Camping surge as Victoria halves national park fees

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camping boost in Victoria's national parks
More visitors are enjoying Victorian National Parks. PIC: Tourism Victoria

The Victorian Government’s bold plan to boost camping numbers in the state’s national parks by slashing fees appears to be paying off in a big way.

In 2015, camping fees were abolished at 500 basic sites over 70 campgrounds in 19 parks across regional Victoria. And, at last year’s state election, the Government announced it would go further – halving all remaining fees in state and national parks.

That fee reduction kicked in on July 1 and the impact has been immediate. There has apparently been a 63% increase in bookings at Parks Victoria compared to the same school holiday period last year.

Minister for Energy, Environment and Climate Change Lily D’Ambrosio said the surge in numbers is a boon for regional businesses, with campers heading into towns across country Victoria to stock up before their trip into the state’s beautiful wilderness.

“Half-price camping is driving a camping boom across Victoria, with a big increase in bookings,” she said. “Camping is not only a great way to relax and unwind, it’s also big business for regional Victoria – keeping local shops and cafes full and supporting jobs.”

Camping and recreation in Victoria’s national parks contributes $2.1 billion to the state’s tourism industry each year and supports 20,000 jobs. The campsite price cut was part of a $107.2 million camping package funded in the Victorian Budget 2019/20, which will also build more than 30 new camp grounds and upgrade 30 more across the state.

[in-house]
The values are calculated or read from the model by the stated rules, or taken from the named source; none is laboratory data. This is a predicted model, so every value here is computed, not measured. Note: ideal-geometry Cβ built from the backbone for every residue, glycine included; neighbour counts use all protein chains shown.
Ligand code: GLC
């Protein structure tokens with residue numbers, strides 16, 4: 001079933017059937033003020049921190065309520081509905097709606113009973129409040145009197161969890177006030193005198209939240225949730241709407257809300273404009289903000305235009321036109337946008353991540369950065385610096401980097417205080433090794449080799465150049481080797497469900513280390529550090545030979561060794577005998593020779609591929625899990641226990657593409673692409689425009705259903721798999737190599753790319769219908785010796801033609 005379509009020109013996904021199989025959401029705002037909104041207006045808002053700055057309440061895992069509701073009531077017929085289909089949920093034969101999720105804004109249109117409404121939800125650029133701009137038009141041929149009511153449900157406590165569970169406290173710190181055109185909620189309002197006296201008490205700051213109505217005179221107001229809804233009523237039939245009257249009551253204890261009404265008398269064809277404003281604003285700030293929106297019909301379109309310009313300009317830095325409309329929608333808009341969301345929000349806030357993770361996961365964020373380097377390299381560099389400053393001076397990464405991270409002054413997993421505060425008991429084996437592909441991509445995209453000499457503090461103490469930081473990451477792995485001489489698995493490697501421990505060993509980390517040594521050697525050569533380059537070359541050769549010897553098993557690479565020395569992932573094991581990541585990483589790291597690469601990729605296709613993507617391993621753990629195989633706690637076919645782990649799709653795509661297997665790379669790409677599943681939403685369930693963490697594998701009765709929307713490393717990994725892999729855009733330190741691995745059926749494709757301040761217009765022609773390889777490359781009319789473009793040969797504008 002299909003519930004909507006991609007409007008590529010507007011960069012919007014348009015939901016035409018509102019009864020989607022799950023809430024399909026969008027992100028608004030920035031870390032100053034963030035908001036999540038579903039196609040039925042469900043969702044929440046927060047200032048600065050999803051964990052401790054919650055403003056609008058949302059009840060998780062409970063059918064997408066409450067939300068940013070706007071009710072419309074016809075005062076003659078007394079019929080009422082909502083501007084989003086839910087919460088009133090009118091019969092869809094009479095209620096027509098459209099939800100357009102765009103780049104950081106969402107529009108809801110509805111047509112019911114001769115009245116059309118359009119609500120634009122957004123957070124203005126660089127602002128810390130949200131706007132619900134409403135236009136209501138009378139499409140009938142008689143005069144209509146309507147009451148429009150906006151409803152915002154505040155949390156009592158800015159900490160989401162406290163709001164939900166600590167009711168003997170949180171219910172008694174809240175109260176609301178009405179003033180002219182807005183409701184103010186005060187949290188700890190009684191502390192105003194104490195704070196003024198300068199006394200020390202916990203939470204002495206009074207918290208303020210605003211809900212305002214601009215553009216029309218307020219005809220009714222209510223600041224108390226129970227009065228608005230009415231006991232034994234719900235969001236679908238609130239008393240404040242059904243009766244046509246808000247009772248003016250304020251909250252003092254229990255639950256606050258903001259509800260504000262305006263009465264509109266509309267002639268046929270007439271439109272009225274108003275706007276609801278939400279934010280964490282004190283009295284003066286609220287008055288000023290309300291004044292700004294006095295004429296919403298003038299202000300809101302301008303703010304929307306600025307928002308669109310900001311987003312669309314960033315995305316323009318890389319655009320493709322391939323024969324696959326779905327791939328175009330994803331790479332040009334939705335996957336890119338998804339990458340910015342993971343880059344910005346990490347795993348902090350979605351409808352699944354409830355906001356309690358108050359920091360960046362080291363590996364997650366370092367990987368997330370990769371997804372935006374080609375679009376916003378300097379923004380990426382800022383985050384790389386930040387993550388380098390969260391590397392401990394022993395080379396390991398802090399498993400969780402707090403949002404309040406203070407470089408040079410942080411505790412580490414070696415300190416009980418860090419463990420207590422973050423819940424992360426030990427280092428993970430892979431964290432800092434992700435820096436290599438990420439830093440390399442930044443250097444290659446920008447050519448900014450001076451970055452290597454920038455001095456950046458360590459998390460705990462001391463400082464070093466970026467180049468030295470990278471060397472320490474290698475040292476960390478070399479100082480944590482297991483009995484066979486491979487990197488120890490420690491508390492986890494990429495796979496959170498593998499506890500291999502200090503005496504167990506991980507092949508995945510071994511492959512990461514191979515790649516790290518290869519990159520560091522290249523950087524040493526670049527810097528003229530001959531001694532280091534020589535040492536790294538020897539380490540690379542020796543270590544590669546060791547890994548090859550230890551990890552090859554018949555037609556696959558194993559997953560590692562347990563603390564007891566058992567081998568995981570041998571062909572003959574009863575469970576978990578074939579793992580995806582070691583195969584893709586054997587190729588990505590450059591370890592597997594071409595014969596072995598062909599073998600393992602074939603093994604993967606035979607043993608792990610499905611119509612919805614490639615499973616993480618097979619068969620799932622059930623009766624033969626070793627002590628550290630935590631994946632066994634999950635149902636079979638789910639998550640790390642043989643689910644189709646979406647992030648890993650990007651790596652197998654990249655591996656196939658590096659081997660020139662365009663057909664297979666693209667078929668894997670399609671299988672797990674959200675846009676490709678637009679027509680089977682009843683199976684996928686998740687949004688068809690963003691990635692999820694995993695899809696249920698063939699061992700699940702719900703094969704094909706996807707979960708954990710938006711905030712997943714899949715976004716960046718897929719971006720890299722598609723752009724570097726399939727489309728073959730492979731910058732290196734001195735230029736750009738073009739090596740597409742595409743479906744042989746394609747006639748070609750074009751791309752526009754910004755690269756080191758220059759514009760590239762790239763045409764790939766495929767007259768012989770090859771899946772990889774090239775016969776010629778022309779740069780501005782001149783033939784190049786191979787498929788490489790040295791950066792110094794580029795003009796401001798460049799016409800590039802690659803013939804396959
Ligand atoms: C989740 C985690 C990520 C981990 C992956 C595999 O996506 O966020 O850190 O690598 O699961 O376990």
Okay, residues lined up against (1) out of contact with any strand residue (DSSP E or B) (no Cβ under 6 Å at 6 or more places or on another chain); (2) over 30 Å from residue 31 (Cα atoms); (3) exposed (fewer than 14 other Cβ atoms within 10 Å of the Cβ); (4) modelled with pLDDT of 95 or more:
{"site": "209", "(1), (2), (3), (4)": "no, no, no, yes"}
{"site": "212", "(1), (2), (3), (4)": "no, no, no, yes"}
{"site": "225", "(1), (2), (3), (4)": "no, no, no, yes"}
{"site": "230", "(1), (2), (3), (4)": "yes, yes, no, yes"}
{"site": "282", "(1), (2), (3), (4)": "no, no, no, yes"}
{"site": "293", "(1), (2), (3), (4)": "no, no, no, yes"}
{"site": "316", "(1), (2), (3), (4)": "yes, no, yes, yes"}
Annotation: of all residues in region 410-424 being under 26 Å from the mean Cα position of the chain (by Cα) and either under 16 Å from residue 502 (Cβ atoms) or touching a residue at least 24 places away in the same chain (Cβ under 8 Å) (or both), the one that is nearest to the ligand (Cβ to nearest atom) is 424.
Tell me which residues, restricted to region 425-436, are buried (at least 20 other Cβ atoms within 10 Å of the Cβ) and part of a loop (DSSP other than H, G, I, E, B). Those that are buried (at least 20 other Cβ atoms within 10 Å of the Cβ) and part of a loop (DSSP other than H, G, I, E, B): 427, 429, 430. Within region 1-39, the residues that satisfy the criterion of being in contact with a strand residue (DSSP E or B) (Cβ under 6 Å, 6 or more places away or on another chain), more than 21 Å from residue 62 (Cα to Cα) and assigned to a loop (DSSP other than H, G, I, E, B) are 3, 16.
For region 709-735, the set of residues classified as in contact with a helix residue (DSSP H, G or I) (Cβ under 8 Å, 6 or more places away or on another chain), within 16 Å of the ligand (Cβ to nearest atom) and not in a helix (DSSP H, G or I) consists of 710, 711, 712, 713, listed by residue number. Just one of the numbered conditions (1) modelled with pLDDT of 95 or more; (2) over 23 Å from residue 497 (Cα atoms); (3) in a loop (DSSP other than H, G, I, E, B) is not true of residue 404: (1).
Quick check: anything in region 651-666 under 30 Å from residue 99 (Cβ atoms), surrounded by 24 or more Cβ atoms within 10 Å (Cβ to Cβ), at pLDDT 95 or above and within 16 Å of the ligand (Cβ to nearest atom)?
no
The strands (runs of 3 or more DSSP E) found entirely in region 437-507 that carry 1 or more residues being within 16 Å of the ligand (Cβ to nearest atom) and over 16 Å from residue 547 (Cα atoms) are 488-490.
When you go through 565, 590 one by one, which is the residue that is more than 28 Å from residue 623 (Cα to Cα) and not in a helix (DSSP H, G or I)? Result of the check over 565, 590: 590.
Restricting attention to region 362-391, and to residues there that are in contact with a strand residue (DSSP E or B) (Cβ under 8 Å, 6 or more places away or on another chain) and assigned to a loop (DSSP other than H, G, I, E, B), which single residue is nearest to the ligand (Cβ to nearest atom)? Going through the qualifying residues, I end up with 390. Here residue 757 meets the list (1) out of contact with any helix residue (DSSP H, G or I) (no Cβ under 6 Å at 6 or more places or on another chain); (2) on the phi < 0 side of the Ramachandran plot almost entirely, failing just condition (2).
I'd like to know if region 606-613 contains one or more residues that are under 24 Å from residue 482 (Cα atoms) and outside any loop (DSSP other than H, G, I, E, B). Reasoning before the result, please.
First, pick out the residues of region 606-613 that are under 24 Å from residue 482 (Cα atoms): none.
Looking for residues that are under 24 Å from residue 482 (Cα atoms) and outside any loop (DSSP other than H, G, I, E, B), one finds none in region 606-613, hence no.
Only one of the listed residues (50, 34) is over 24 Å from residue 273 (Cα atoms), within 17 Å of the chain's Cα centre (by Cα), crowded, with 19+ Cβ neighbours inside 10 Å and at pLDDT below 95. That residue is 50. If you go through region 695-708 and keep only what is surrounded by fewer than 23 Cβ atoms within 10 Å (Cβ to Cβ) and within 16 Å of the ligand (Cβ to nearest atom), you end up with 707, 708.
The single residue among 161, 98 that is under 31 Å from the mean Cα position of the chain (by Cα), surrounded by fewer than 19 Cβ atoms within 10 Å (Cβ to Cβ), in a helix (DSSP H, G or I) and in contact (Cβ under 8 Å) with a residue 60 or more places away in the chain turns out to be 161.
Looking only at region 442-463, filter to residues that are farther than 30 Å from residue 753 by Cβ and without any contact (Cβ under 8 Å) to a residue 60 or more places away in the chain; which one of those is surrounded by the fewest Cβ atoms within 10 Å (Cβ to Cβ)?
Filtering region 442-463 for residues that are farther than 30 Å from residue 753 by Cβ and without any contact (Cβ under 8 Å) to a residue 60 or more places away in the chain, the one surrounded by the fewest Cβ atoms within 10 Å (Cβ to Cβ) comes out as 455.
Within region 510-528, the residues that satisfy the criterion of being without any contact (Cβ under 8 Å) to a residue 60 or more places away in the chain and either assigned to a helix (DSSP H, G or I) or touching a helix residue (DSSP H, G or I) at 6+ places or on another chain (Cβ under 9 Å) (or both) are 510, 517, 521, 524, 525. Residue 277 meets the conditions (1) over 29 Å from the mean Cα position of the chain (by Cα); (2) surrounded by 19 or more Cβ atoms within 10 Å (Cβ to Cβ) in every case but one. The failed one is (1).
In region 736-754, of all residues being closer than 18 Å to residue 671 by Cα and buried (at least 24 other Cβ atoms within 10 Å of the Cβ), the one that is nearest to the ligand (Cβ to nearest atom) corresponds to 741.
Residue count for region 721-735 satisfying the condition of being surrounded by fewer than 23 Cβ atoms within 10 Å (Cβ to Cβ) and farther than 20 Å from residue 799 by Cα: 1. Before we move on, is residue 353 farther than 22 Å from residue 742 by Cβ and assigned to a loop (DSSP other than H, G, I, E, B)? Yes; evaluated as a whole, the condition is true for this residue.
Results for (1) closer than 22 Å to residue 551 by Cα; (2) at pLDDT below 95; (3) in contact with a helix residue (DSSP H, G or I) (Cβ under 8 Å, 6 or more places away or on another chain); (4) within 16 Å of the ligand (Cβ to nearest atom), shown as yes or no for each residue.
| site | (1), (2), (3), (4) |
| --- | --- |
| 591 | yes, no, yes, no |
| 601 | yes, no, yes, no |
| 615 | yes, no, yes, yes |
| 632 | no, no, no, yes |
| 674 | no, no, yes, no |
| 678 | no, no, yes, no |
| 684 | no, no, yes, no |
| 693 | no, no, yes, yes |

Sites in line for an upgrade include the Greater Bendigo National Park, the Fraser campground at Lake Eildon, Glenelg River and the nearby Princess Margaret Rose Cave.

While the initiative is to some extent aimed at encouraging Victorian families to get out and enjoy the state’s wilderness areas during school holidays, grey nomads who tend to camp for much longer periods of time could be among the big winners.

“I love getting out into national parks in all states but the cost to camp in many of them is crazy, especially when you look at the limited facilities often on offer,” said Dominic James, who has spent two years travelling full-time. “This sort of initiative will obviously make a huge difference to me and I will certainly spend more time in parks … I just hope it’s the start of a trend, not the end.”

And Parks Victoria, which appears to be looking at the bigger picture, says it couldn’t be happier to hear those sorts of testimonials.

  • Do you avoid national park camping due to the costs. Which state do you think has the best – and most affordable – national park camping? Comment below.
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10 Responses to Camping surge as Victoria halves national park fees

  1. My wife and I only occasionally stop in National parks the main reason being the lack of services provided. The answer is not lower fees. We would pay more if decent services are provided.